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IdeaTab Lynx
Lenovo unveiled its IdeaPad Yoga 11, IdeaPad Yoga 13, IdeaTab Lynx and ThinkPad Twist

Windows 8 will be here in a little over two weeks, and Lenovo is prepared to show off its new spread of devices that will run Microsoft's newest operating system. 

Today, Lenovo unveiled its IdeaPad Yoga 11, IdeaPad Yoga 13, ThinkPad Twist and IdeaTab Lynx -- all Windows 8-powered convertibles. Lenovo is betting big that customers will want convertibles over traditional laptops or tablets, since convertibles combine the best of both worlds. 

IdeaPad Yoga 11

The IdeaPad Yoga 11 is an 11.6-inch Windows RT device with a display that flips 360 degrees backwards, transforming the laptop into a tablet with a stand, if needed. Under the hood, the Yoga 11 is packing a NVIDIA Tegra 3 processor, 2GB of RAM, up to 64GB of storage, a 1366x768 display resolution, a 720p webcam, two USB 2.0 ports, an HDMI port, a card reader, 802.11n and Bluetooth 4.0. 

You can pick up a Yoga 11 starting at $799. It's available in Silver Gray and Clementine Orange. 


IdeaPad Yoga 13

The IdeaPad Yoga 13, like the Yoga 11, flips 360 backwards to turn the laptop into a tablet-like device. It also comes in Silver Gray and Clementine Orange, but most other specs are completely different. For starters, the Yoga 13 has a 13.3-inch display and runs Windows 8. It also has Intel Core i5 and i7 processors with Intel HD 4000 integrated graphics, up to 8GB of RAM, up to 256GB of solid-state storage, a 1600x900 resolution, a 720p webcam, USB 2.0 and 3.0 ports, an HDMI port, a card reader, 802.11n and Bluetooth 4.0. 

The Yoga 13's price will start at $1,099.


ThinkPad Twist

The ThinkPad Twist does exactly what the name indicates -- the display flips down and twists to cover the keyboard, turning the laptop into a tablet. It has a 12.5-inch display, 1366x768 resolution, Intel Core i3/i5/i7 processors with Intel HD 4000 integrated graphics, up to 8GB of RAM, a 720p webcam, two USB 3.0 ports, 802.11n, Bluetooth 4.0, Gigabit Ethernet, Mini DisplayPort, Mini HDMI port and three storage options: 320GB HDD, 500GB HDD or 128GB SDD.

The Twist starts at $849.


IdeaTab Lynx

The IdeaTab Lynx is basically a tablet with optional keyboard dock, turning the device into a laptop. The display is 11.6 inches and it features a Clover Trail-based Intel Atom Z2760 processor, 2GB of DDR2, 32GB/64GB storage options, 2 MP front-facing camera, a 1366x768 resolution, Micro USB 2.0 port, Micro HDMI port, microSD card slot, 802.11n and Bluetooth 4.0.

The starting price for the Lynx is $599 for the tablet alone, but adding the keyboard dock will cost an additional $149.

Source: Lenovo



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RE: time Warp
By Penti on 10/10/2012 7:33:12 AM , Rating: 2
What the hell are you talking about? The first ThinkPad was a tablet and the year later edition was a convertible tablet to begin with. The 700T and 750P. That was 1992 and 93 respectively.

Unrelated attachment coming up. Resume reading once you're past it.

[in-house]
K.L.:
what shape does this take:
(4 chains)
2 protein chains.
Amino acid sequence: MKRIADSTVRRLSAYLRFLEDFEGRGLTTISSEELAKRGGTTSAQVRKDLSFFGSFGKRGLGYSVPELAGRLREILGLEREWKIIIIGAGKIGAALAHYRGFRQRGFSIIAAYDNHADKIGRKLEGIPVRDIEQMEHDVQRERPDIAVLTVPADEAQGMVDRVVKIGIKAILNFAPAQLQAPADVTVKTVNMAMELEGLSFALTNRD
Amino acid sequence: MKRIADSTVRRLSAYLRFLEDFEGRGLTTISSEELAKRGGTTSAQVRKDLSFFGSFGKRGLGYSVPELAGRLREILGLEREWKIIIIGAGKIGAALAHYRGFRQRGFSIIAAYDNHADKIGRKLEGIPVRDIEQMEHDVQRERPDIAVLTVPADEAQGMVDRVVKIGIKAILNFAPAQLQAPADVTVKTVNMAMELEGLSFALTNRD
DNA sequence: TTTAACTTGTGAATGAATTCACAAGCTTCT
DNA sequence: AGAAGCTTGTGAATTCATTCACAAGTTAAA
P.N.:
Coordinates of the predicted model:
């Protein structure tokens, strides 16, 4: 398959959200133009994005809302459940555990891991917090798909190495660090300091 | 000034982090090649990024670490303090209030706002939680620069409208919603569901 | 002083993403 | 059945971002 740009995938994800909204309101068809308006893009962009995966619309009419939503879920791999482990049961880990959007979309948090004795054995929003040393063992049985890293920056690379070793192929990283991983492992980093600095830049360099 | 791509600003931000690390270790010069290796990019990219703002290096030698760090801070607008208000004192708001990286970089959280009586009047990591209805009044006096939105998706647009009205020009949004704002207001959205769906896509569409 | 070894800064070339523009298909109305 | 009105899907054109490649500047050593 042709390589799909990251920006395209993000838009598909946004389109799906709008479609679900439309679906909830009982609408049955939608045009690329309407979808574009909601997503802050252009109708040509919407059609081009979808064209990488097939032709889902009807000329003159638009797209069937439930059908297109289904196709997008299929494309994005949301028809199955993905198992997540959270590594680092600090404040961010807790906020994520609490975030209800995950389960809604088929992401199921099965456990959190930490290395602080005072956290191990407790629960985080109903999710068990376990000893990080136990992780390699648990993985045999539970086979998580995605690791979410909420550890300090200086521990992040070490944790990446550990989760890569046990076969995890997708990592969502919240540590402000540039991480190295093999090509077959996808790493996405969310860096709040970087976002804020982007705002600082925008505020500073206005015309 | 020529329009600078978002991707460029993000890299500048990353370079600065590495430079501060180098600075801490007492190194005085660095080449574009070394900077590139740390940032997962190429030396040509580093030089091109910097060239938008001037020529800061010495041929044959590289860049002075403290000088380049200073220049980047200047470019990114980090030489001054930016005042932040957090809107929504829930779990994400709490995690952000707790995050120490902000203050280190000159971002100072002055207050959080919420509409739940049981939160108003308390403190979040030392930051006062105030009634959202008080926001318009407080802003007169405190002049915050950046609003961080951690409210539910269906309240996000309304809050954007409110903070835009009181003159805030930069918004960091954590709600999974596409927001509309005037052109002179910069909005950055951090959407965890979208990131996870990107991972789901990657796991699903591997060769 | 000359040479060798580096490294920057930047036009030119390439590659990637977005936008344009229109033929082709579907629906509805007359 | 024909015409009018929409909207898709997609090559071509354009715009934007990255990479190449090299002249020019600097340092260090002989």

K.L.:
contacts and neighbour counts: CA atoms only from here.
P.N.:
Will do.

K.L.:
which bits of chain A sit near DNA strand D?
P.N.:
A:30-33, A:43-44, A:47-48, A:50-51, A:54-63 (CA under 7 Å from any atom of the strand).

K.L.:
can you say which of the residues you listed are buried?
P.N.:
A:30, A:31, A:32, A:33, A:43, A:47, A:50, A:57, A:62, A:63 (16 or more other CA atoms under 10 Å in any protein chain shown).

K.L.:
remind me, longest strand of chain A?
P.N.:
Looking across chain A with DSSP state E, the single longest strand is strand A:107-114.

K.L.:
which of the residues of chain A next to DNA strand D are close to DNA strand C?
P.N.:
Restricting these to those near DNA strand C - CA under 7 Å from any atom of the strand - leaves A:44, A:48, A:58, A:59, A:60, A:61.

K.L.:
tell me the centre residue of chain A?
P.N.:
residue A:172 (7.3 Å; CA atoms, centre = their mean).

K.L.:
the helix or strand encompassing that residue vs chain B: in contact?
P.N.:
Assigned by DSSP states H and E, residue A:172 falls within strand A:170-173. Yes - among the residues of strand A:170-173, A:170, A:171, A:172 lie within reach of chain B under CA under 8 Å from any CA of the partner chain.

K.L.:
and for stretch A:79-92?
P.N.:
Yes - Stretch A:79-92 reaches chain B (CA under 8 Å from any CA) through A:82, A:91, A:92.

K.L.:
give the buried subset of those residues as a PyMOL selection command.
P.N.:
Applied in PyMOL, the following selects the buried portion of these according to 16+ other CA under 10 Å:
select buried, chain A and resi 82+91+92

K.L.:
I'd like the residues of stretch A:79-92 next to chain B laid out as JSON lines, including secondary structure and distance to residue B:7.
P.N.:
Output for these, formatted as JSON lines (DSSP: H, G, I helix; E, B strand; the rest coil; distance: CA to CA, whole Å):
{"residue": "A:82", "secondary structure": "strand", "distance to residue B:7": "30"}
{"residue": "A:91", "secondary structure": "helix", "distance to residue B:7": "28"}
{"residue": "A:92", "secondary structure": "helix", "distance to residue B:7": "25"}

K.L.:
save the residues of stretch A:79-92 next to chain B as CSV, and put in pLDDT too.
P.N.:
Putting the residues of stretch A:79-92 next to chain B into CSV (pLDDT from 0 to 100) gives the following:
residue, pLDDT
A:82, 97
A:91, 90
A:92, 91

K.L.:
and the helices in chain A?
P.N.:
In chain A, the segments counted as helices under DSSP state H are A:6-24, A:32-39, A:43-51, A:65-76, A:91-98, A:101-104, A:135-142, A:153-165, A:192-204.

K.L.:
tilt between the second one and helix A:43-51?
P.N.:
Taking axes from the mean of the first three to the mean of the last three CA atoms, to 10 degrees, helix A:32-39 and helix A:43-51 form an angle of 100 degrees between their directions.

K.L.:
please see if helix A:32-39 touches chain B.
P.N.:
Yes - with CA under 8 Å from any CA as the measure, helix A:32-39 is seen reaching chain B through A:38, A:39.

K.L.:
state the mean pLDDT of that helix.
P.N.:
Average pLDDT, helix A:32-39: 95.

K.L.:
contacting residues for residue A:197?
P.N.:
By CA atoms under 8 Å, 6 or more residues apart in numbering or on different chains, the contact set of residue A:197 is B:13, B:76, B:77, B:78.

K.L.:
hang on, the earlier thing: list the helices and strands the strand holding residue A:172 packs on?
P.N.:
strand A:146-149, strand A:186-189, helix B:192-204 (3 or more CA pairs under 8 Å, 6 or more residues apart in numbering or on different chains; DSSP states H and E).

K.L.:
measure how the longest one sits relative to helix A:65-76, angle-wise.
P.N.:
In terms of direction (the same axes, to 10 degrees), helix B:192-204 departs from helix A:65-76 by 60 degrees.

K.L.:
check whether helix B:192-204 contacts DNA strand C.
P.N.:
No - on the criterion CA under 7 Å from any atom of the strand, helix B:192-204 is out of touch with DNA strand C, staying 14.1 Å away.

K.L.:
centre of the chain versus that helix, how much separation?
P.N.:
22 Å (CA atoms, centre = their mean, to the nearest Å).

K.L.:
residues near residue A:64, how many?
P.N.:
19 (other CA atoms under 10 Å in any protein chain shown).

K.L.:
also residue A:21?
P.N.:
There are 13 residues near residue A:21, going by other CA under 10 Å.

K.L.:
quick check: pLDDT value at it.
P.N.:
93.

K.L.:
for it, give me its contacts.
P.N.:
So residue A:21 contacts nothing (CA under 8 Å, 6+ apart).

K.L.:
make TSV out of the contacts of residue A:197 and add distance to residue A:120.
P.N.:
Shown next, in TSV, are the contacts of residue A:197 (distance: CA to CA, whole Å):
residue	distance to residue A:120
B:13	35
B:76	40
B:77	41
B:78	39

X41 was Lenovo's first convertible tablet, not the ThinkPad lines first. It's the only way to do touch with PC's. Hence Tablet PC's (+convertible). Yoga-style (360 degree hinge) or dockable keyboard are worse. Companies are even releasing touch-screen notebooks without any hinges or removable base/keyboard which is awful. Pen-able surface is one thing. If you have your keyboard in front of you why wouldn't you use that or the multi-touch trackpad. When you use your fingers touch is just a novelty when it's not on a slate device which would sell even worse. This form factor has survived for over 20 years.

If you have decent dual digitizer touchscreen with capacitive plus wacom (active) pen-able digitizer/touch then why wouldn't you build an convertible Tablet PC? It's a computer not a mobile tablet. Software supports it better then ever. It's the only way to do touch properly here. The alternative is to do it not all which Lenovo does on a lot of other products. Microsoft still might fail here because of how poor Metro/Modern-UI and the Windows Runtime framework is in general, but Lenovo won't, they don't need to sell millions of each here. It's not even an ThinkPad it's an ThinkPad Edge which means less rigorous testing and less durable construction. You still have the fairly new X230T for business users. I.e. 12.5" IPS convertible/180-degree hinge, third gen Core i7, up to 16GB RAM, SSD, etc. But that is not a consumer version. ThinkPad has not failed here, most convertible tablets has been based on X-series notebooks so engineering has mostly been shared with those over the years and they have sold millions of them. This isn't about iPad breaking mobile-based tablets. 14% of the sale of computers is Lenovo they haven't lost out because of the iPad either. What you don't need is a 12.5-13.3" Tablet Slate PC.


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